Israel, the Jewish people, and Jewish thinkers have always been caught in the struggle between universalism and particularism. Theodore Herzl envisaged Jewish sovereignty as a way for Jews to become “normal”, allowing them to take a seat among the nations of the world. Yet many Zionists are more like Yeshayahu Leibovitz, who valued sovereignty simply because it freed him from subordination to goyim. Herzl wanted Jews to become part of the larger world; Leibovitz wanted to stay away. The Tanakh, too, suffers from this dialectic: Jews have a universal mission in the world “to be a blessing to all the nations of the earth” (Gen. 12:3), but also are “a people who dwells apart” (Numb. 23:9).
Rabbis and Jewish philosophers are similarly conflicted. Some believe that being a chosen and holy people means that Jews are intrinsically different, i.e., superior. Yehuda Halevi, kabbalists, and perhaps the majority of Zionist rabbis today believe that Jews have a unique spiritual soul that non-Jews lack. Yet rationalists like Sa’adyah Gaon and Maimonides insisted that Jews and gentiles are biologically and spiritually identical. We are not alone, and if Jews display different behavior and spiritual worldviews, it is not due to any special DNA, but only to the influence of the Torah. Prof. Daniel Lasker of Ben Gurion University put it best: The differences are in our software, not our hardware.
Today there is a widespread assumption that the more religious and authentic a Jew is, the more that person must believe that Jews are essentially different and separate from non-Jews. For many, this is near-dogma and stands in the center of their Jewish identity.
Menachem Kellner’s and David Gillis’ book, Maimonides the Universalist: The Ethical Horizons of the Mishneh Torah, belies this assumption, emphasizing just how dominant universalism is in Maimonides’ view of God and the Torah. Kellner is an internationally renowned Maimonides scholar who was the Wolfson Professor of Jewish Thought at the University of Haifa and now chairs the Department of Jewish Thought and Philosophy at Jerusalem’s Shalem College. Gillis earned a doctorate in Maimonides’ thought under Kellner’s supervision. Together they carefully demonstrate how universalism shows up in both Rambam’s philosophy and his conception of Halakhah when lived correctly.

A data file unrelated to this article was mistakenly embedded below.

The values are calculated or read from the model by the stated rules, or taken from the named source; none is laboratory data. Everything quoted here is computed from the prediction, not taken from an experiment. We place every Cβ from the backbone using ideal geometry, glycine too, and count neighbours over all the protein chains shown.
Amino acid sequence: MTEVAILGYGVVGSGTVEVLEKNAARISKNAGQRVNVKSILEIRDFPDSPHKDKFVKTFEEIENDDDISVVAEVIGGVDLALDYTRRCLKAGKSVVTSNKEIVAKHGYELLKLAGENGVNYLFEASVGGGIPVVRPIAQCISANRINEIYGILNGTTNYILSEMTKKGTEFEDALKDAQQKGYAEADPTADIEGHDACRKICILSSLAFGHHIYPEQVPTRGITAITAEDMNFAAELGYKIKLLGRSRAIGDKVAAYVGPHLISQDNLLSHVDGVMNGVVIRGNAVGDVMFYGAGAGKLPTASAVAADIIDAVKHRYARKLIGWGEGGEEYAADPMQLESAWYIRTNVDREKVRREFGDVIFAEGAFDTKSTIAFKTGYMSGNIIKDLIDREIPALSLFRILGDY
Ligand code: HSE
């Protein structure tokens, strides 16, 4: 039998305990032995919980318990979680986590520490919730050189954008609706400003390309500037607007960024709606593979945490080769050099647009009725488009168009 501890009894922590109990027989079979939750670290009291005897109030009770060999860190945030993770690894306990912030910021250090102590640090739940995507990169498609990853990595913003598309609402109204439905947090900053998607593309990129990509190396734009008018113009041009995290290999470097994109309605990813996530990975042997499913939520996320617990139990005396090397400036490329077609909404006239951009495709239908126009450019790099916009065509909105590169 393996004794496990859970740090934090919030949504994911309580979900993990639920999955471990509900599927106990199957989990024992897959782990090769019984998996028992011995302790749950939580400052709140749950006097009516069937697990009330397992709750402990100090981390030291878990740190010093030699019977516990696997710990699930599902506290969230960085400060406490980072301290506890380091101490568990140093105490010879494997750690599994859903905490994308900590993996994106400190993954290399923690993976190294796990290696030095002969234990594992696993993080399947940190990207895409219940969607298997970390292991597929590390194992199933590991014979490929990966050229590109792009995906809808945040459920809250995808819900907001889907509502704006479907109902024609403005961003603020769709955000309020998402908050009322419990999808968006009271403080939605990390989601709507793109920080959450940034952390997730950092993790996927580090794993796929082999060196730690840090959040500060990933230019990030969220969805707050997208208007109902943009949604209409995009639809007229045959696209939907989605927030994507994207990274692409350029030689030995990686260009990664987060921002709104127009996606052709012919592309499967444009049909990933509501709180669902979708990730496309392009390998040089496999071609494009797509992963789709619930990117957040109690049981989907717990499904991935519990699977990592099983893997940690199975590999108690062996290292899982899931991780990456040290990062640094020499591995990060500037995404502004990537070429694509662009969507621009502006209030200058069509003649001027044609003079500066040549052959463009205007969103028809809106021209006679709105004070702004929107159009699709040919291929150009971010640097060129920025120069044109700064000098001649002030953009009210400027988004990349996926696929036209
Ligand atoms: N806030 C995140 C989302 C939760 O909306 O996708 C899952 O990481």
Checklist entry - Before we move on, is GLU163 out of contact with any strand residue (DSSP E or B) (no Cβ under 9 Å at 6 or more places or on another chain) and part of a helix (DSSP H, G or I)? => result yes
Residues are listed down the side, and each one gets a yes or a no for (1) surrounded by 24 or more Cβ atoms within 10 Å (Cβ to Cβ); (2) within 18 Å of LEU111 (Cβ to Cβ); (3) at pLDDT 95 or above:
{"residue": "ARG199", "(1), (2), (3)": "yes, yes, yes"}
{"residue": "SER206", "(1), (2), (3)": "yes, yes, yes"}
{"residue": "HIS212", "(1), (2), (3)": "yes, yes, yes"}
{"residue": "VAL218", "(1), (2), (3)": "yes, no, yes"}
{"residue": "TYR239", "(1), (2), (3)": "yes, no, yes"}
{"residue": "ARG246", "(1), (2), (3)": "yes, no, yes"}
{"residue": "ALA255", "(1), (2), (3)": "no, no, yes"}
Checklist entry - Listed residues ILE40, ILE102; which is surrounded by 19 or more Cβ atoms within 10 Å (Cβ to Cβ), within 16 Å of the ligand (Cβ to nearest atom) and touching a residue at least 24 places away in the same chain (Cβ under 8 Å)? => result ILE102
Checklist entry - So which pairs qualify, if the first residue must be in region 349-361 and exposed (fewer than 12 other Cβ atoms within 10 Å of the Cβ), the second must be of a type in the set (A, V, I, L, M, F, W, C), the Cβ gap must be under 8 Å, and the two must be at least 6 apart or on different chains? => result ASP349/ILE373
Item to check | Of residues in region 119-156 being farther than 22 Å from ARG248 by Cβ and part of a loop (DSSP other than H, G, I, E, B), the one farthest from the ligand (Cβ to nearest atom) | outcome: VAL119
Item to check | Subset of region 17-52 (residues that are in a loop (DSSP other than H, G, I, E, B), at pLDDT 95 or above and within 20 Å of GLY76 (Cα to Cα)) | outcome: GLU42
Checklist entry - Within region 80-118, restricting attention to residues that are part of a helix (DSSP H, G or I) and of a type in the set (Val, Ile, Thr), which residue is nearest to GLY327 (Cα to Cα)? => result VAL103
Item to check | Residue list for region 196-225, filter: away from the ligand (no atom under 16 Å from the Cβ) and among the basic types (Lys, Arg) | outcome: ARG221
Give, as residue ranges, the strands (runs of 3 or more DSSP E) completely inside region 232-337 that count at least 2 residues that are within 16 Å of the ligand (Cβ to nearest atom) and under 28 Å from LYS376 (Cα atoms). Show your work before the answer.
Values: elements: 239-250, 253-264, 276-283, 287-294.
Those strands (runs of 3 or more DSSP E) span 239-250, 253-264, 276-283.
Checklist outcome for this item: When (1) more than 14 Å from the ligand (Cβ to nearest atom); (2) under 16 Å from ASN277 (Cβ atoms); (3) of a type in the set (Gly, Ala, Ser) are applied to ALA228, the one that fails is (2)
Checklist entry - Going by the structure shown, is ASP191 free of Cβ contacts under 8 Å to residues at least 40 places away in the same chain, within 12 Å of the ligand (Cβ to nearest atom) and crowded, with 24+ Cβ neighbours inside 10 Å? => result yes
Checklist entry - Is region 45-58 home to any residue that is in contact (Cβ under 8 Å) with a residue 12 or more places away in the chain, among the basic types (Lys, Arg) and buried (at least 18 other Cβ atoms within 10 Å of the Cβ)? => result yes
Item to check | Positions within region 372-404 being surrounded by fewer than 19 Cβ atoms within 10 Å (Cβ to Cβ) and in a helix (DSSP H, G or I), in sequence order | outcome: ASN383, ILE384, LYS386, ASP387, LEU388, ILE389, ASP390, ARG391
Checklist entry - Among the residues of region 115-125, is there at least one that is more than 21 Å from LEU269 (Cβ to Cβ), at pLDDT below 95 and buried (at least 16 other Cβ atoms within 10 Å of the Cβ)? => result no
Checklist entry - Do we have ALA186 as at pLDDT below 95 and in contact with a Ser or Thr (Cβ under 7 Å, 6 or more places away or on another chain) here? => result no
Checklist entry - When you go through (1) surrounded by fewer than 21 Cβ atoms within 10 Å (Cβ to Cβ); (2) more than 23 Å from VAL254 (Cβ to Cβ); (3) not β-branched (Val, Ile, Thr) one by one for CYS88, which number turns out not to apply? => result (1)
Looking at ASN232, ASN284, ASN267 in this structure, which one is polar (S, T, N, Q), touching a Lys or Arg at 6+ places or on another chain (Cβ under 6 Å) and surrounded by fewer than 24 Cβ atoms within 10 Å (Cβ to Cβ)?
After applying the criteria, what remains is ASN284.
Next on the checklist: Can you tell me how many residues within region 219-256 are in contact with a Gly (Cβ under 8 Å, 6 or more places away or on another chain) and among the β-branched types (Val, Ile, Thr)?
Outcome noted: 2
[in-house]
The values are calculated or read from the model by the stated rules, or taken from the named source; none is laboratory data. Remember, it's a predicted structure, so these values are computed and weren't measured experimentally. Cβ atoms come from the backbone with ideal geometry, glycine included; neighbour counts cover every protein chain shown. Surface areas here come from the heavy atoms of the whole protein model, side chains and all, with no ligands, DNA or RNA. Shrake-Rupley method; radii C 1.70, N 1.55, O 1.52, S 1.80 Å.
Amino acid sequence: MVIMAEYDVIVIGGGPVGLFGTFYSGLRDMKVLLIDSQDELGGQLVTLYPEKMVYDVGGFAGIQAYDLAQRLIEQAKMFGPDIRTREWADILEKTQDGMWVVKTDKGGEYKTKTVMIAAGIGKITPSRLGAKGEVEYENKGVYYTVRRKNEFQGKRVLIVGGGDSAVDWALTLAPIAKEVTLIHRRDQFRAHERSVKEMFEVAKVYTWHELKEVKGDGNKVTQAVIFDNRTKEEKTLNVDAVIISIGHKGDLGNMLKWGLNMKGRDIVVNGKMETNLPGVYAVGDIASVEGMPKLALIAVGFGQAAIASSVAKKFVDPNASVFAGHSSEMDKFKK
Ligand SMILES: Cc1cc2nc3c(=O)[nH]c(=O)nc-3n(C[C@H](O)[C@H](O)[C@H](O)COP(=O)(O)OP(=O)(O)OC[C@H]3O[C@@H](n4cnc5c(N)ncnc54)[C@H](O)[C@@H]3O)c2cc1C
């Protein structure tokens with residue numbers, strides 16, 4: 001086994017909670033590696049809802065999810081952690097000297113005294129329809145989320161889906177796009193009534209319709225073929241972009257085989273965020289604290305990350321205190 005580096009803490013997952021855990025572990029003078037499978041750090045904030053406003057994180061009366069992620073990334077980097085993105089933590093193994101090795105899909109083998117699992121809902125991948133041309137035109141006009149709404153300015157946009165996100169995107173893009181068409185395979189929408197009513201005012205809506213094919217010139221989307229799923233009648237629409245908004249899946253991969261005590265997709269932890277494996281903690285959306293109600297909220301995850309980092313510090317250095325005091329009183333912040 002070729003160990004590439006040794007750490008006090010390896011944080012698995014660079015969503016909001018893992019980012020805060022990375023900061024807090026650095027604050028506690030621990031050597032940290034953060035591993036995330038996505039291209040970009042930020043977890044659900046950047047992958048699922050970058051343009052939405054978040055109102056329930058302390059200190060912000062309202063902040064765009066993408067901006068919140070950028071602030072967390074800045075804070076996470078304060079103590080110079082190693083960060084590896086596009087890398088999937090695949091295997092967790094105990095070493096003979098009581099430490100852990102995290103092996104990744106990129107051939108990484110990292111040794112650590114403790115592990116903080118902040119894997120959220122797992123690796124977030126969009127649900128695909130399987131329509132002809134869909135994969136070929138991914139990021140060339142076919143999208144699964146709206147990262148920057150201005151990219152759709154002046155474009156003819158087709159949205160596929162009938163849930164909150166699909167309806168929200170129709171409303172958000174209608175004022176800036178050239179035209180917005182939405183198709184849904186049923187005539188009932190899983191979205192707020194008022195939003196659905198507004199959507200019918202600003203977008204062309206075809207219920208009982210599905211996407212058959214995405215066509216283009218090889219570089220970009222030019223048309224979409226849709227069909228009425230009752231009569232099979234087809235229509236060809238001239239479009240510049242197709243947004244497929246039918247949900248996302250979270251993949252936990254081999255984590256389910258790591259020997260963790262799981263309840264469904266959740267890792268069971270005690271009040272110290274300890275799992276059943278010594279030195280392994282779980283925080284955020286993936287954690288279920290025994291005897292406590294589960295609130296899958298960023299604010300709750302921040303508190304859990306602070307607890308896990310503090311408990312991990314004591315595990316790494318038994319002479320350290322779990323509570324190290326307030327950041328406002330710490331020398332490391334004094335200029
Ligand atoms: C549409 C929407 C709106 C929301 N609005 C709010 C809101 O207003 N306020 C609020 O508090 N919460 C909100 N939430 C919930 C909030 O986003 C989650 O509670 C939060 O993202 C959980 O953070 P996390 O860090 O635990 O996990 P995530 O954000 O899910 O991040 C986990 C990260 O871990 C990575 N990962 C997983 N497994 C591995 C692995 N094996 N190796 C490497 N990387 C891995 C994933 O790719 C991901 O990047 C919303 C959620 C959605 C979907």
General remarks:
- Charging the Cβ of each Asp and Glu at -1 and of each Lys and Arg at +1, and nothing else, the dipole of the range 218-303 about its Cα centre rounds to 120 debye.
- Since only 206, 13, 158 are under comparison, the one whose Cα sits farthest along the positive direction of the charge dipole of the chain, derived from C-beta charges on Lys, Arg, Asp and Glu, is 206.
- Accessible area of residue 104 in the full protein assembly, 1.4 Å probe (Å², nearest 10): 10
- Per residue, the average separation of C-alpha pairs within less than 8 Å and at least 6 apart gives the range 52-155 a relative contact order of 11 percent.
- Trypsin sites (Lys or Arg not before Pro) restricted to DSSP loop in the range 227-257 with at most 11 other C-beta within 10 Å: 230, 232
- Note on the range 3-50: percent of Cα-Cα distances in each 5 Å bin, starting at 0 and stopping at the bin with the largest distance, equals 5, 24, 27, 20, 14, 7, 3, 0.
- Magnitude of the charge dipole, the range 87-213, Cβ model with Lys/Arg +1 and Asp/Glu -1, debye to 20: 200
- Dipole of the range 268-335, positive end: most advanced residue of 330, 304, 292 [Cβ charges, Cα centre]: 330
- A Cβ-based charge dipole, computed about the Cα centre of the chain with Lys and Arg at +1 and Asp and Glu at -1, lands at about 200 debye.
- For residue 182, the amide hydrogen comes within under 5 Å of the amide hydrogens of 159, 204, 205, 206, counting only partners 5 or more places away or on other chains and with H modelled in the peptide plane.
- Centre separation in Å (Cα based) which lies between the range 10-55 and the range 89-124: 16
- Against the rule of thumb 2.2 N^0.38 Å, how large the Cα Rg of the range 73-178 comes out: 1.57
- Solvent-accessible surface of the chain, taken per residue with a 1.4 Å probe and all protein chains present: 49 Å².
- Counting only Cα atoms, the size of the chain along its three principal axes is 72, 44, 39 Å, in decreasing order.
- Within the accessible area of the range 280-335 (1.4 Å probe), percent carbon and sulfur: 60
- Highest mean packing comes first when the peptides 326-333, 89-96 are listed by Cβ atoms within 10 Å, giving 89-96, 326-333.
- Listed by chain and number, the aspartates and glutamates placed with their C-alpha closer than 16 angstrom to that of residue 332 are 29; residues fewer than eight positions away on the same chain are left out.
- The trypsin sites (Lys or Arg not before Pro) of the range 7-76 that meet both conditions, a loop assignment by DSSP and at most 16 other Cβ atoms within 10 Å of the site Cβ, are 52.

While Kellner and Gillis occasionally digress into erudite excursions regarding The Guide of the Perplexed, the book reads easily, making it accessible to laypersons. And the book’s extensive cross-references to Rambam’s works are sources of delight to the conscientious scholar.
The authors analyze the closing sections of each of the fourteen books of Rambam’s magisterial code, Mishneh Torah, bringing out the undeniable universal and ethical dimensions of those texts. These passages do not dwell on the prosaic details of individual halakhot, but frequently take flight as inspirational messages about spirituality and the central place that moral values have in God’s plan for Jews.